A protester who disrupted this year's Boat Race by swimming into the path of the crews could face jail after being found guilty of causing a public nuisance.
In front of millions of television viewers, Trenton Oldfield, 36, halted the annual race between Oxford and Cambridge on April 7.
He told a jury at London's Isleworth Crown Court that the event was a symbol of elitism in government.
The annual contest, won by Cambridge, was described as one of the most dramatic in the history of the race after the wet suit-clad swimmer was spotted in the vessels' path.
The drama of the race continued after the interruption when the blade of an Oxford oar broke and the crew's bowman Alex Woods collapsed at the end and was taken to hospital.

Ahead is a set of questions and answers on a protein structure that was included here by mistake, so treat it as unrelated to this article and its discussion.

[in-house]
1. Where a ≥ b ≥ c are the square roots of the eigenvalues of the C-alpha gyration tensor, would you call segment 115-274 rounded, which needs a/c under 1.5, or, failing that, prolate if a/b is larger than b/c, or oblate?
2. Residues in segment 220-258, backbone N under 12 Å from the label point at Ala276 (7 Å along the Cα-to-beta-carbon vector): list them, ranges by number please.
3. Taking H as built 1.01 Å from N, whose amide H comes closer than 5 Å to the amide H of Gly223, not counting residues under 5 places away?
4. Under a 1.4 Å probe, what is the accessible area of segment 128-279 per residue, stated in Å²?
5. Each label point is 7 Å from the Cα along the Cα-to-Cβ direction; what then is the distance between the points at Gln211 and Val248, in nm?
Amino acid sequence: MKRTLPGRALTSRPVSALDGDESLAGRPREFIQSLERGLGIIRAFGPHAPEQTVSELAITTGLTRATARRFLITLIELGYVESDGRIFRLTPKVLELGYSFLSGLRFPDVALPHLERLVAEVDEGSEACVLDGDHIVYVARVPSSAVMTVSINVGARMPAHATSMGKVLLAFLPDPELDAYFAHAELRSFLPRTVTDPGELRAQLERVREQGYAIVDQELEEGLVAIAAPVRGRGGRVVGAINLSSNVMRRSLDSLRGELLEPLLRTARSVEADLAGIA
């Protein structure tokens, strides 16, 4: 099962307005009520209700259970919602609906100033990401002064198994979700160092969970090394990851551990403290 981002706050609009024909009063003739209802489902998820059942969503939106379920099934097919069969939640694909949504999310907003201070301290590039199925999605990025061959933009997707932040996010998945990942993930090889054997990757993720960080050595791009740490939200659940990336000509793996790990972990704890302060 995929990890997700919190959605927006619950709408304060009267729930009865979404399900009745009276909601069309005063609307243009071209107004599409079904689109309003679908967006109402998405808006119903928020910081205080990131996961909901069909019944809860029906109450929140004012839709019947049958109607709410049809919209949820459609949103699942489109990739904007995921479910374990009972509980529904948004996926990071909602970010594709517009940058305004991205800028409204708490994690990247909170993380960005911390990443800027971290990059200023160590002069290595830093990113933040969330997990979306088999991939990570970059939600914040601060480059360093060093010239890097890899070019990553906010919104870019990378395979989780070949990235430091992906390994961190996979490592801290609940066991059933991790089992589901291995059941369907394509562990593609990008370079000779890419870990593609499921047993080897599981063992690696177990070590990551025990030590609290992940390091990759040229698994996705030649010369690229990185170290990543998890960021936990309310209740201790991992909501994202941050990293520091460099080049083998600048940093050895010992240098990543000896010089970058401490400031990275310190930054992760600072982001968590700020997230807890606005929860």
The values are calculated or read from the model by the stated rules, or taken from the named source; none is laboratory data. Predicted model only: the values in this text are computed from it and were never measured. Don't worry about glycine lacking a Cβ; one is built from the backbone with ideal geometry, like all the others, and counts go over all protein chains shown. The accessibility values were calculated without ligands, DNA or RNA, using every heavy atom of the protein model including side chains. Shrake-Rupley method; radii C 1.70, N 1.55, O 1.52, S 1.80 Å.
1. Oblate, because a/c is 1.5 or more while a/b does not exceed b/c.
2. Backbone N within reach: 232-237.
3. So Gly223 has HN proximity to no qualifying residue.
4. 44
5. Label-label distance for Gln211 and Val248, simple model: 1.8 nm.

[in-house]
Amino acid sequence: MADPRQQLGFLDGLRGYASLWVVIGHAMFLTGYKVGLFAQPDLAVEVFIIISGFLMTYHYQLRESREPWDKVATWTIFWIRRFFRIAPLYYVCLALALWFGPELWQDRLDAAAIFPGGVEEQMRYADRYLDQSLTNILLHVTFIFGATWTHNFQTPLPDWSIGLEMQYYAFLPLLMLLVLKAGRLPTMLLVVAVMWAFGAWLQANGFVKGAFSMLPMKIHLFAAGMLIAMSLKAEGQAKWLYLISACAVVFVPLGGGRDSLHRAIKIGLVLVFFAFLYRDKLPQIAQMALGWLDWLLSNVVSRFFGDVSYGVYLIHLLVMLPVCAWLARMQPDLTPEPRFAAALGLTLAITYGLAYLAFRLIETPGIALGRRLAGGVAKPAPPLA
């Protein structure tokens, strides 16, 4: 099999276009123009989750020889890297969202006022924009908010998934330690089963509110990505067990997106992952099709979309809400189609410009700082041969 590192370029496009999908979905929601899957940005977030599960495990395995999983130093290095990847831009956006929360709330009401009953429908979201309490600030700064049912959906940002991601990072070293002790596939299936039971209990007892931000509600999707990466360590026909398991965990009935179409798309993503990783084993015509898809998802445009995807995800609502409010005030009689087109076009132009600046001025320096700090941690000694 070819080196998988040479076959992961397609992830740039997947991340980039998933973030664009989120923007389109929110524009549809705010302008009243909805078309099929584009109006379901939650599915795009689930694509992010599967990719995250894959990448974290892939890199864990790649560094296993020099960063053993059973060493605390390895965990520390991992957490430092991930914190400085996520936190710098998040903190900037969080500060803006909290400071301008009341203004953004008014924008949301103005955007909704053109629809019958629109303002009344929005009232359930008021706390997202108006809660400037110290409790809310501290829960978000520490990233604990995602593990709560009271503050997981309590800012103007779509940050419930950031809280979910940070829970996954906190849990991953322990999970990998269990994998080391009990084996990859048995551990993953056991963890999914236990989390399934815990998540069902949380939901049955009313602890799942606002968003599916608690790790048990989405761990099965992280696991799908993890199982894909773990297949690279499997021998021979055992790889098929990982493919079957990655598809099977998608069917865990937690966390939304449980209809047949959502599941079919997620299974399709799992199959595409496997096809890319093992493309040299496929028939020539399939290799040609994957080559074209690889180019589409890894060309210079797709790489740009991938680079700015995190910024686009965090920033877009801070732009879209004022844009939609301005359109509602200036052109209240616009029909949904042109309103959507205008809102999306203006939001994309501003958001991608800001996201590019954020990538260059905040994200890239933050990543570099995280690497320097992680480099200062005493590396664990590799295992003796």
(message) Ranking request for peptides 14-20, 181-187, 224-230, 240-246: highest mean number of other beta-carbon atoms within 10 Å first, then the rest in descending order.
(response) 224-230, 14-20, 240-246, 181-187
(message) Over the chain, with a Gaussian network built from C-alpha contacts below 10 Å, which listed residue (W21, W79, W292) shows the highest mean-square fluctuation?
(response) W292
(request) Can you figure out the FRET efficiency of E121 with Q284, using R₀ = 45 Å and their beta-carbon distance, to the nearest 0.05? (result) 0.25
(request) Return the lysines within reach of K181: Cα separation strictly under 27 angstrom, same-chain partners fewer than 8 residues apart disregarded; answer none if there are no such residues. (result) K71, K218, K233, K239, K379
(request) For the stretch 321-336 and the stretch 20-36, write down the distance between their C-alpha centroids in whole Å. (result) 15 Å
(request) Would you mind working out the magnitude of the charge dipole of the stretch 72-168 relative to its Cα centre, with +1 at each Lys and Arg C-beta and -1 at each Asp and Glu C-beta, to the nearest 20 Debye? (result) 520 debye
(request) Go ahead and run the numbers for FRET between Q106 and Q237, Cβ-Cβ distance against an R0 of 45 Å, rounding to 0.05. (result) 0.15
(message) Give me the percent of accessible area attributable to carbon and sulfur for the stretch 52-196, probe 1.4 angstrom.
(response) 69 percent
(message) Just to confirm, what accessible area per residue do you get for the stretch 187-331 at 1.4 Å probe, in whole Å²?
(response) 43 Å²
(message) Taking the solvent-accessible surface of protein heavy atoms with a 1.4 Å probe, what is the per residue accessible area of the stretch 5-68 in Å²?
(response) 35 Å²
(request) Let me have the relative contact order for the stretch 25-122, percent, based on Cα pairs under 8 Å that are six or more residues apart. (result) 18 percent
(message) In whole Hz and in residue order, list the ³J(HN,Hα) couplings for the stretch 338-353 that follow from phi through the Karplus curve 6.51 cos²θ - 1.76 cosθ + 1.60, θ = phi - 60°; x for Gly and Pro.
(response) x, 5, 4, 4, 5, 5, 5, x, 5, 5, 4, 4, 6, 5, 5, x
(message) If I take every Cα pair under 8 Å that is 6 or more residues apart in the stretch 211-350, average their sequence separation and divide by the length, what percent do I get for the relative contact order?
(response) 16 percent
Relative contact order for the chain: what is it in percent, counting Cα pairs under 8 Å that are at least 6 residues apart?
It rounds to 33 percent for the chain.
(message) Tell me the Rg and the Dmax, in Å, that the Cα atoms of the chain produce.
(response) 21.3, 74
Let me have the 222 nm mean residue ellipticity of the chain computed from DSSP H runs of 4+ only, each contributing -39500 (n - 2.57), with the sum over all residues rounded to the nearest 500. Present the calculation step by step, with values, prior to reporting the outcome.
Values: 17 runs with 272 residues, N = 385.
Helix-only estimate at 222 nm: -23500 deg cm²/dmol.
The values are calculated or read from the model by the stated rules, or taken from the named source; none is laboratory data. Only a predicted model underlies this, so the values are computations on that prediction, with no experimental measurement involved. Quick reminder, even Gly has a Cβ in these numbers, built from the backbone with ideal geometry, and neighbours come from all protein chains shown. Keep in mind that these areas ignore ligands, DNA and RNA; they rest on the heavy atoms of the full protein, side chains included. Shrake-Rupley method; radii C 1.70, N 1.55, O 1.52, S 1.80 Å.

In court, Judge Anne Molyneux said all options were open, including jail, when Oldfield is sentenced on October 19.
During the trial Oldfield told the jury the race was a symbol of elitism in Government and that London "has the highest inequality in the western world".
He said: "(The boat race is) a symbol of a lot of issues in Britain around class, 70% of Government pushing through very significant cuts are Oxford or Cambridge graduates.
"It was a symbolic gesture to these kind of issues."
Oldfield, an Australian who moved to the UK in 2001, decided to make the protest after learning of Government plans to "sell off" the NHS and "snoop" on electronic communications, and after hearing encouragement given to "dob in" people planning protests during the Olympics.